Deep Impact Hits Target
Marshall Space Flight Center, Huntsville, Ala.
Video release: 05-109
After 172 days and 268 million miles of deep space travel, NASA’s Deep Impact spacecraft successfully reached out and touched comet Tempel 1. The collision between the coffee table-sized space probe and city-sized comet occurred July 4 at 12:52 a.m. CDT. Comprised of images taken by the targeting sensor aboard the spacecraft’s impactor probe, this movie shows the spacecraft approaching the comet up to just seconds before impact.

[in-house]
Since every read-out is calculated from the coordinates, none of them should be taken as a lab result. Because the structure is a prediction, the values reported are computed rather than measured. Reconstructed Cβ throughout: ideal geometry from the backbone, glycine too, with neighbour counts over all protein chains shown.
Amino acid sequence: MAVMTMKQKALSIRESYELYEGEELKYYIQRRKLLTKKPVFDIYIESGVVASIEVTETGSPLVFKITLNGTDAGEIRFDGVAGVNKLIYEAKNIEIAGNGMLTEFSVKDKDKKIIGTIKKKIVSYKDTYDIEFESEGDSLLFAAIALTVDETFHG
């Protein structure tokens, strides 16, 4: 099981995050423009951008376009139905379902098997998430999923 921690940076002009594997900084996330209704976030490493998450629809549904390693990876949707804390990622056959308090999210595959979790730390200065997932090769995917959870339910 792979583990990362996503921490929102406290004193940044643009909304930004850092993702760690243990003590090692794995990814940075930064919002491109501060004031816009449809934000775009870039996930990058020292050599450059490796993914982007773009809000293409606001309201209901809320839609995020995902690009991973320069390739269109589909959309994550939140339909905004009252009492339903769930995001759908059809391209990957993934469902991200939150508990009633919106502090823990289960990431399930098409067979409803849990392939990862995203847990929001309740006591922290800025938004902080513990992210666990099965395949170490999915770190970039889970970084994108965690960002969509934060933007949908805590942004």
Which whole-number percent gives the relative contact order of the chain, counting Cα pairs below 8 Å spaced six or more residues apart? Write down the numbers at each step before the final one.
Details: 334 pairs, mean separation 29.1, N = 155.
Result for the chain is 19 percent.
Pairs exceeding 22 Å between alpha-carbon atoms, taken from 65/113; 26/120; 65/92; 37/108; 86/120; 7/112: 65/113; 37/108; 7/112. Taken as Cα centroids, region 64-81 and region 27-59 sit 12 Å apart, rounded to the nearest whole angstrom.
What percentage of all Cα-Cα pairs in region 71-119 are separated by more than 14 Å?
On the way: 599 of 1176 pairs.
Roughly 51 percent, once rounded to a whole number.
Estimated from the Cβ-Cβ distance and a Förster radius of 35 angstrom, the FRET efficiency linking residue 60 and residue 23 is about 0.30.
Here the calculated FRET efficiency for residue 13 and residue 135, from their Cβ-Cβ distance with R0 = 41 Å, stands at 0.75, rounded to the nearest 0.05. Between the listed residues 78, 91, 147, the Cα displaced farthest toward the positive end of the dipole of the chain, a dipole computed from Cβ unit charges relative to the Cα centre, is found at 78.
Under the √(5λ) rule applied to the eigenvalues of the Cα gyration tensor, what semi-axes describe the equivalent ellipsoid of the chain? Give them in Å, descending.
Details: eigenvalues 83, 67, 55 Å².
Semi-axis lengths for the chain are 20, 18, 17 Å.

Deep Impact’s principal investigator, Dr. Michael A’Hearn of the University of Maryland in College Park, is responsible for the Deep Impact mission, and project management is handled by the Jet Propulsion Laboratory in Pasadena, Calif. The program office at NASA’s Marshall Space Flight Center in Huntsville, Ala., assists the Science Mission Directorate at NASA Headquarters in Washington with program management, technology planning, systems assessment, flight assurance and public outreach. The spacecraft was built for NASA by Ball Aerospace & Technologies Corporation of Boulder, Colo. (NASA/JPL-Caltech/UMD)
MPEG video, 731 KB
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